A Capehart Scatchard Blog

NJ Supreme Court Rules that Landlord Not Responsible for Minor Burned on Apartment Unit’s Radiator

By on May 1, 2020 in Duty of Care with 0 Comments

On March 30, 2010, the minor, J.H., a 9 month old infant, was burned by an uncovered, free-standing cast iron loop radiator in an apartment owned and managed by defendants R&M Tagliareni, LLC and Robert & Maria Tagliareni. His bed was adjacent to a radiator that did not have a cover. His father discovered him the next morning with his head pressed against the hot radiator, which caused him to suffer burns on his head, right cheek, and left arm. The issue in J.H. v. R&M Tagliareni, LLC, 239 N.J. 198 (2019), was whether the owner/landlord defendants had a duty to cover an apartment’s radiator with insulating material and whether the defendants could be liable for the minor’s injuries.

On the trial court level, the court granted the defendants’ motion for summary judgment, ruling that the defendants did not owe a common law duty to place a cover on the apartment’s radiator. The matter was appealed and the Appellate Division reversed the trial court’s decision, concluding that the defendants maintained sufficient control over the heat from the radiator such that a duty of care was owed to J.H. as a guest staying in the apartment.  Additionally, the Court found that N.J.A.C. 5:10-14.3(d)(a regulation that required heating systems to be covered under the Hotel and Multiple Dwelling law) imposed a duty of care upon defendants to prevent the radiator from burning the infant and that the duty was breached.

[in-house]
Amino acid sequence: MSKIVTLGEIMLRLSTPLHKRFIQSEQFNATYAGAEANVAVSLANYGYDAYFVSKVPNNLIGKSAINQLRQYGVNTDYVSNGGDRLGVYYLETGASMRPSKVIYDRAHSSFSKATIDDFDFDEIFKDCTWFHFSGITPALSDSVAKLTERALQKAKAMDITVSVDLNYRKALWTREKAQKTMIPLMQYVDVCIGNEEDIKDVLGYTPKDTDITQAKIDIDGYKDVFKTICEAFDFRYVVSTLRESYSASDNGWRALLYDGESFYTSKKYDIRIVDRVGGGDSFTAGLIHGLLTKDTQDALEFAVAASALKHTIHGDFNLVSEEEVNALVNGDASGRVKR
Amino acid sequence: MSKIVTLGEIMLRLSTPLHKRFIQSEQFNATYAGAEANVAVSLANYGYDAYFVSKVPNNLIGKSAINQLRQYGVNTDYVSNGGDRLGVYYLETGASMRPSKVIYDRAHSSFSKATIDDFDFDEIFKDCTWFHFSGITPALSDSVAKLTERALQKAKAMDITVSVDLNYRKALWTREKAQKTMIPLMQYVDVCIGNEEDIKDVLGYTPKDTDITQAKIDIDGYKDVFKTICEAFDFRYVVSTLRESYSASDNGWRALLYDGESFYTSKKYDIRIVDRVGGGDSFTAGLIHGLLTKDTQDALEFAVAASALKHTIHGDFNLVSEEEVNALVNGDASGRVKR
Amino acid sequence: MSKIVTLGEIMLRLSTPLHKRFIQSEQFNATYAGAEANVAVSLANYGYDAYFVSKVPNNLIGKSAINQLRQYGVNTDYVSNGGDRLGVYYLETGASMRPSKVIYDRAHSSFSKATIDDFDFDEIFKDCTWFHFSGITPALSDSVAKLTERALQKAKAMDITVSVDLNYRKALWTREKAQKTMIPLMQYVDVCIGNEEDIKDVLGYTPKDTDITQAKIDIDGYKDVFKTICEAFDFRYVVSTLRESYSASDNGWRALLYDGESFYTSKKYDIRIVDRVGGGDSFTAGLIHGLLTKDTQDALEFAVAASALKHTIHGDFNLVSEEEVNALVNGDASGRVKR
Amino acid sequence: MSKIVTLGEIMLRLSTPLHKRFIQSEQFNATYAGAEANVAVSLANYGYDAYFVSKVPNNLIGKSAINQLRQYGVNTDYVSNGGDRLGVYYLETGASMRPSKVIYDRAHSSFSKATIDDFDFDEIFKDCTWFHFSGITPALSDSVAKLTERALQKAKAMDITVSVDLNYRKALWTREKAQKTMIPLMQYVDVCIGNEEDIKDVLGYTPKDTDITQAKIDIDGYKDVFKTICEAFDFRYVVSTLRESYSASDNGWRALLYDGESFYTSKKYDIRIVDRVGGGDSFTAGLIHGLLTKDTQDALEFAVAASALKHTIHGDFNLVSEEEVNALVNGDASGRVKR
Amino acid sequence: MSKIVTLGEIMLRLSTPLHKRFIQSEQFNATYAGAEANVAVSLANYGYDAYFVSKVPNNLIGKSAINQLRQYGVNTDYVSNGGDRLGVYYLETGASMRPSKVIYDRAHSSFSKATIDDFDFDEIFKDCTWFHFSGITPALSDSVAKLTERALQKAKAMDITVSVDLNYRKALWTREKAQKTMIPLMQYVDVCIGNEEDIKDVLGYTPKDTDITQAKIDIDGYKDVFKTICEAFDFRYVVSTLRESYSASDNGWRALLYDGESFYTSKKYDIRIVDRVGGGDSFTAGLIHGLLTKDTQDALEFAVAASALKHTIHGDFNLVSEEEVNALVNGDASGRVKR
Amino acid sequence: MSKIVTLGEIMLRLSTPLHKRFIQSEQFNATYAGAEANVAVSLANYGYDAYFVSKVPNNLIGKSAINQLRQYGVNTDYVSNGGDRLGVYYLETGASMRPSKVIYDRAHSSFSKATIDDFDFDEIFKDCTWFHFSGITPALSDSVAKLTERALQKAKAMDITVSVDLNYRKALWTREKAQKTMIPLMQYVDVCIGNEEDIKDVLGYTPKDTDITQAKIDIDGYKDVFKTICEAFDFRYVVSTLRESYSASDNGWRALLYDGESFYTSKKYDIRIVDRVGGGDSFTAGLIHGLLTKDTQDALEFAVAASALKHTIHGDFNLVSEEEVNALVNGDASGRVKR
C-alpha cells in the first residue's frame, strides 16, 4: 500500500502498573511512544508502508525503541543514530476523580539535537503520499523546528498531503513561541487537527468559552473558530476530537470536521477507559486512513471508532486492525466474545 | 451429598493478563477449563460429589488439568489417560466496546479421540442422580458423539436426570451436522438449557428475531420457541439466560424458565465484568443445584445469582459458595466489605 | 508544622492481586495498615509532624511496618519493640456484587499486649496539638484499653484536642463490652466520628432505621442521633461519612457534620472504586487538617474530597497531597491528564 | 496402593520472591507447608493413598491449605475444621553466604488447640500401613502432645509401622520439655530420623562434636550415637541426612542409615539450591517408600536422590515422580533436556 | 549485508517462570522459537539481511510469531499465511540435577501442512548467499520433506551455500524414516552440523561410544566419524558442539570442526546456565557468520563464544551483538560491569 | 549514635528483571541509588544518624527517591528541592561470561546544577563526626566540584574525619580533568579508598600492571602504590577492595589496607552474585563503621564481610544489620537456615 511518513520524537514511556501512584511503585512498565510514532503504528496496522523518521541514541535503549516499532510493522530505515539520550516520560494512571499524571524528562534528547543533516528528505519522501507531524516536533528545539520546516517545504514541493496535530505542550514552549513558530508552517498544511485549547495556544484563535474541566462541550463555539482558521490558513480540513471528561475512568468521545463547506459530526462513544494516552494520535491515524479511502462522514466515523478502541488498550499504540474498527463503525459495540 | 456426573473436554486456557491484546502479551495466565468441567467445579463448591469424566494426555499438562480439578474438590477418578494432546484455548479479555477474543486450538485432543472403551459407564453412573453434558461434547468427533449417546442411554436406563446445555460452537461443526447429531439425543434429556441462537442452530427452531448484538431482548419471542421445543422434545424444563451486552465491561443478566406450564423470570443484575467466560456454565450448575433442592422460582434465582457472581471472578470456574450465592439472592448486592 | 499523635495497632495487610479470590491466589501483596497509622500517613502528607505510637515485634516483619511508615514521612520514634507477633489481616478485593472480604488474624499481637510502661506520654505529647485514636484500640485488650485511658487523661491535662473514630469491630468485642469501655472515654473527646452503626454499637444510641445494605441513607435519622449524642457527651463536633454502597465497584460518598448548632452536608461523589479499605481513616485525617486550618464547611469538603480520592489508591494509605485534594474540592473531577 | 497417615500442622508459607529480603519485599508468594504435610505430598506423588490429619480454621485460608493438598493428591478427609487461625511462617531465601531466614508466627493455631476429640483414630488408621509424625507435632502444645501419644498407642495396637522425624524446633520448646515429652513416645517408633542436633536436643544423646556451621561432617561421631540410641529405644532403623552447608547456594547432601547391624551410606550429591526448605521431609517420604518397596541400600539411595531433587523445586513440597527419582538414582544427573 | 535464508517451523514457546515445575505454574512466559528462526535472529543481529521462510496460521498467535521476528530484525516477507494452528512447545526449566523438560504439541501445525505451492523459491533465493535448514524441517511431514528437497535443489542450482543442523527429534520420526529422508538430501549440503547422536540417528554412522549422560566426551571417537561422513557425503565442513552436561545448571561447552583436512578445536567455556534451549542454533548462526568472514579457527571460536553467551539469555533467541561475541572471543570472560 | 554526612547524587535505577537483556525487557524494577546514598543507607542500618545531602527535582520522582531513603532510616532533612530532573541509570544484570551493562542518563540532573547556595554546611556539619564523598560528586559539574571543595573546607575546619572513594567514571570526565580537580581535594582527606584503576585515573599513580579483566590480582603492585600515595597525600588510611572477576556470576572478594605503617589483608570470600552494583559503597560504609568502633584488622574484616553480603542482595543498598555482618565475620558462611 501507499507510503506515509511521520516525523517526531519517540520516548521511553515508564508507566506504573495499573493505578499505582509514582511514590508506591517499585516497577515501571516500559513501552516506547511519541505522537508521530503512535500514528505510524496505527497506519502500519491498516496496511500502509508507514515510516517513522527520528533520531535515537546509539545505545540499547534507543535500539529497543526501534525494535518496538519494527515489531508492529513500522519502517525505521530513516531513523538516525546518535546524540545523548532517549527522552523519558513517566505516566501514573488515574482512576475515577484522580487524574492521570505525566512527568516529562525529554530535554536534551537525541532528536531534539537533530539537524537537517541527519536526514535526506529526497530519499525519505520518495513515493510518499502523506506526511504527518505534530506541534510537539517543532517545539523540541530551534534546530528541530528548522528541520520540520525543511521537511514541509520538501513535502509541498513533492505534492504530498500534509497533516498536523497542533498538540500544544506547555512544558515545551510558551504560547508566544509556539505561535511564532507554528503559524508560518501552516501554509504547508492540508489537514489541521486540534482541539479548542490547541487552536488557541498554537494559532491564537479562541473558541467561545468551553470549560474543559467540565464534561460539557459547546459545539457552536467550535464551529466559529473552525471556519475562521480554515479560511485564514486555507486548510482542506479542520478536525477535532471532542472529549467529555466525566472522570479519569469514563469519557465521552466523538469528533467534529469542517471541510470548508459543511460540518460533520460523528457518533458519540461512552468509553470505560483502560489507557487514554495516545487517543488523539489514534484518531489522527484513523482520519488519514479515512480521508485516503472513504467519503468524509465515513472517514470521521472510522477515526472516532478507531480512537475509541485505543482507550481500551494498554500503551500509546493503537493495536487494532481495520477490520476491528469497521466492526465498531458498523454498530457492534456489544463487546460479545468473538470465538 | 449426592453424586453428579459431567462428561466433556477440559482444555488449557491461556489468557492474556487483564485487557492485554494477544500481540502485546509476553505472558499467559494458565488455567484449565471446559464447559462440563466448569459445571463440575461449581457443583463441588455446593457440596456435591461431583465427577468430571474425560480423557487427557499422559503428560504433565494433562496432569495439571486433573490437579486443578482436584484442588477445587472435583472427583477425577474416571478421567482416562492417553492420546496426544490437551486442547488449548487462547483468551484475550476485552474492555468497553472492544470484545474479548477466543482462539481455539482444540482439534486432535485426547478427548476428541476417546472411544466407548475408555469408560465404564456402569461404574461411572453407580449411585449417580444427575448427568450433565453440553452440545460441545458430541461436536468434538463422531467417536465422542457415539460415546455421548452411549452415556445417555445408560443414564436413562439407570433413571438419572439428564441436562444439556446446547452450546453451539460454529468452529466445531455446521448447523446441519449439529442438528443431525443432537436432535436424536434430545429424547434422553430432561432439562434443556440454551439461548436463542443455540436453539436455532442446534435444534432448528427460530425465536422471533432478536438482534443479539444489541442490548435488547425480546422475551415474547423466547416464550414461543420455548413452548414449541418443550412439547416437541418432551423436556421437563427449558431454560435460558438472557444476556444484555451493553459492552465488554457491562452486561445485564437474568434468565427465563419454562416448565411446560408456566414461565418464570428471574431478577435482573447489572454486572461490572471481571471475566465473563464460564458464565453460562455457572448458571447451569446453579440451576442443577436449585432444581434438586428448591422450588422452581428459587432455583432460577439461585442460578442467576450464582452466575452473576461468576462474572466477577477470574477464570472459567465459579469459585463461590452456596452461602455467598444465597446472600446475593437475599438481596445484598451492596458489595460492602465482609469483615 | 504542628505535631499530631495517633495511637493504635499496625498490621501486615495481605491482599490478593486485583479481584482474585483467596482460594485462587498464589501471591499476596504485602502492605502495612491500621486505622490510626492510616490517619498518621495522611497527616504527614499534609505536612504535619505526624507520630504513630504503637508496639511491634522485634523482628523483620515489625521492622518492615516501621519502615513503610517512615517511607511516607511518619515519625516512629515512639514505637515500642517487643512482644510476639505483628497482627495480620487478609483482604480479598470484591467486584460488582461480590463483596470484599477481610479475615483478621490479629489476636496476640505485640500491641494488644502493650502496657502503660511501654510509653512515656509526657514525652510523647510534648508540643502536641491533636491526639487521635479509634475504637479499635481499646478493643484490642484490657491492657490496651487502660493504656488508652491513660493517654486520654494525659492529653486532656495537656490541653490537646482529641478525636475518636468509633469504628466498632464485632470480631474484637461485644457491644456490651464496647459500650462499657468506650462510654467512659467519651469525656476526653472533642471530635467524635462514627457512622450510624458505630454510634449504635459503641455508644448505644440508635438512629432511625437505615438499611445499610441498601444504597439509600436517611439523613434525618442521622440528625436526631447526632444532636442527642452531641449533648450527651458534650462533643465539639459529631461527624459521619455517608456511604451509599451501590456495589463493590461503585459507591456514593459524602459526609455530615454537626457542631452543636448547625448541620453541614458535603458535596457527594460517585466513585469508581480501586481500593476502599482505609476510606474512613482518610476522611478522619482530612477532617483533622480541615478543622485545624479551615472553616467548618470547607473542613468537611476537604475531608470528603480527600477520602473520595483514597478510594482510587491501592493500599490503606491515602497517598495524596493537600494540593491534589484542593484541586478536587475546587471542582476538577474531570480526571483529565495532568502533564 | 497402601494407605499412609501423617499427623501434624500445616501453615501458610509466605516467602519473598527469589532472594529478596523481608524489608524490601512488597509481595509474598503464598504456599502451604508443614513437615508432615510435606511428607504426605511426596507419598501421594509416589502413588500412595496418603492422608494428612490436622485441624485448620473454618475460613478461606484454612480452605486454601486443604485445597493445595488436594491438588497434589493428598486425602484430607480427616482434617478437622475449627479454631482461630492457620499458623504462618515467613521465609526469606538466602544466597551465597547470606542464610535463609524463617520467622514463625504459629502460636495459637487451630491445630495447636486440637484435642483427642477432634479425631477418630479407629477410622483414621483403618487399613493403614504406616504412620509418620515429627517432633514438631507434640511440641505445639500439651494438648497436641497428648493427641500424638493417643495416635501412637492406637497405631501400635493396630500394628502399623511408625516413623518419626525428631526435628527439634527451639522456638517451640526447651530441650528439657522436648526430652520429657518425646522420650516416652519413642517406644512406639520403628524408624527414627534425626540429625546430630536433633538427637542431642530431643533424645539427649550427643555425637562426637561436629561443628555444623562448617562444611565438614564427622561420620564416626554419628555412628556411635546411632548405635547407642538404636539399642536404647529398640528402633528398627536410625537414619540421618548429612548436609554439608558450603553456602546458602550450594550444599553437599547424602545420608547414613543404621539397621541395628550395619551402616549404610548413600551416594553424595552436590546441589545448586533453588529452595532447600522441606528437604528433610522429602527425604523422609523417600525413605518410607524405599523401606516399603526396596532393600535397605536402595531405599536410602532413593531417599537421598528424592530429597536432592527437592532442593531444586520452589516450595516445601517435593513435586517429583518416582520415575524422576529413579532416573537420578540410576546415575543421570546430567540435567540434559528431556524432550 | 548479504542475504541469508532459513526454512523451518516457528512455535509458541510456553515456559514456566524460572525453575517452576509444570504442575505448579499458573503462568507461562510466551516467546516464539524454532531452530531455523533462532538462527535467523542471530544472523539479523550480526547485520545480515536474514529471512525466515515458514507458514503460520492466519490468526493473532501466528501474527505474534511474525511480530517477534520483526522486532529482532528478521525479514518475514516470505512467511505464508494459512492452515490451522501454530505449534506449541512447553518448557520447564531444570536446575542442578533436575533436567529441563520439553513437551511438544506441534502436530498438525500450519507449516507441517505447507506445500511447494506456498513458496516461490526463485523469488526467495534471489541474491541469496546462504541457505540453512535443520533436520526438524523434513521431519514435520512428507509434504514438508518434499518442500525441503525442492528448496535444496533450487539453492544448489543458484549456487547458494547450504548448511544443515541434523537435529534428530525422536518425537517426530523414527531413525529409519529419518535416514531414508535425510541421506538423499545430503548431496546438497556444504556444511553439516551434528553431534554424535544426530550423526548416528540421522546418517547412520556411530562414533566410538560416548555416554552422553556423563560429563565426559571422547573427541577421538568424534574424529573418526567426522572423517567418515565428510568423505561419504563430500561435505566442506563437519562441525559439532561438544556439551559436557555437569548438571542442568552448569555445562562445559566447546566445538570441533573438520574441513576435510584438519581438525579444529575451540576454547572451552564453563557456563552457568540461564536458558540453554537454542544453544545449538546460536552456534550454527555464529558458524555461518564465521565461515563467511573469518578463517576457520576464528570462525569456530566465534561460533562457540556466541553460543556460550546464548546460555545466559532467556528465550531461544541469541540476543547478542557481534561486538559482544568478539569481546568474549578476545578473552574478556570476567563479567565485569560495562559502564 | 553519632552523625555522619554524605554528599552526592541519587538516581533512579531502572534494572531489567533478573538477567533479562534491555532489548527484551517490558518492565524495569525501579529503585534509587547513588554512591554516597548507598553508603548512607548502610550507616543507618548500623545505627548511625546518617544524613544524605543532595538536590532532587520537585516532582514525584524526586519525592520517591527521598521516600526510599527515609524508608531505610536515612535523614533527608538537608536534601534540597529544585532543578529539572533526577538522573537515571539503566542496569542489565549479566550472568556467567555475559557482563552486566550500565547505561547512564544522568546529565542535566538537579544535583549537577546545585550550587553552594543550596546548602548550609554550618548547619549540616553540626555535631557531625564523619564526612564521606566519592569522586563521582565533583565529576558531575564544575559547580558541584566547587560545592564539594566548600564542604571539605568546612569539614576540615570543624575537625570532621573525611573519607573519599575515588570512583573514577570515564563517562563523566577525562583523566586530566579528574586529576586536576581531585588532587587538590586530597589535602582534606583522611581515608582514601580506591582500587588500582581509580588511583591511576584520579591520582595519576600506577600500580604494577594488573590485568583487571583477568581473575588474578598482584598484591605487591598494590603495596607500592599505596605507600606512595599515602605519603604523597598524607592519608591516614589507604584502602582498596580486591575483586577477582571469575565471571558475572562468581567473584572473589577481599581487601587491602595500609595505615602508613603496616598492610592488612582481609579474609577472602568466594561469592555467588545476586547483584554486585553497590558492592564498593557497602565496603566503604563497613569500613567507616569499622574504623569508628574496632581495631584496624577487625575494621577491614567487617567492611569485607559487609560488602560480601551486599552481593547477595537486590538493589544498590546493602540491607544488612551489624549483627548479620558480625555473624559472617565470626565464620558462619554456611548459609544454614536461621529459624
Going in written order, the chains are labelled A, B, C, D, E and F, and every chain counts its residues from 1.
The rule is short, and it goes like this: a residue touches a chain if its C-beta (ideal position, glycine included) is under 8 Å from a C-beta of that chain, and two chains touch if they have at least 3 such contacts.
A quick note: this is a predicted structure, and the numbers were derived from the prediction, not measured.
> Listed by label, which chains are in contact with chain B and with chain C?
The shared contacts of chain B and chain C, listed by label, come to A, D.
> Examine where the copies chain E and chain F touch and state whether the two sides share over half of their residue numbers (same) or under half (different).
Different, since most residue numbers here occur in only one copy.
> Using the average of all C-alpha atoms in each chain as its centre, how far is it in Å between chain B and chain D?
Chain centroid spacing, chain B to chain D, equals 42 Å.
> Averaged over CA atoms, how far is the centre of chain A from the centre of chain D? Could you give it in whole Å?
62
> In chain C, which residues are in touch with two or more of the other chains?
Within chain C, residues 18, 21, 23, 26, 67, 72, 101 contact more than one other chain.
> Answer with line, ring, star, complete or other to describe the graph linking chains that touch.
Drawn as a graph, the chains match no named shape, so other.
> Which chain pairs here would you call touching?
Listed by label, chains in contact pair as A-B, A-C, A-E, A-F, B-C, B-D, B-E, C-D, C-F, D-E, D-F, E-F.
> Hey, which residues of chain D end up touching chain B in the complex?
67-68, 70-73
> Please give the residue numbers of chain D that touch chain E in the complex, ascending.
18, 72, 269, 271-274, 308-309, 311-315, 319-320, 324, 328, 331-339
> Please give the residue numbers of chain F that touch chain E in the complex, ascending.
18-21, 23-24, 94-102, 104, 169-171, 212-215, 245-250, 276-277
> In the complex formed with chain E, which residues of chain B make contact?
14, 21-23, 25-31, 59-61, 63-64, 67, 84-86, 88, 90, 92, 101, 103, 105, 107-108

The matter was appealed further to the New Jersey Supreme Court by petition for certification. This Court, however, disagreed with the Appellate Division and found that this regulation concerning heating systems did not pertain to radiators. Because the tenants had exclusive control over the heat emanating from the radiator, the Court declined to impose a new duty upon landlords to cover all in-unit radiators. Hence, the Appellate Division ruling was reversed and the trial court’s order granting summary judgment to the defendants was reinstated.

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Betsy G. Ramos

About the Author

About the Author:

Ms. Ramos is an Executive Committee Member and Co-Chair of the Litigation Department at Capehart Scatchard, P.A. located in Mount Laurel, New Jersey. She is an experienced litigator with over 25 years experience handling diverse matters. Practice areas include tort defense, business litigation, estate litigation, tort claims and civil rights defense, construction litigation, insurance coverage, employment litigation, shareholder disputes, and general litigation.

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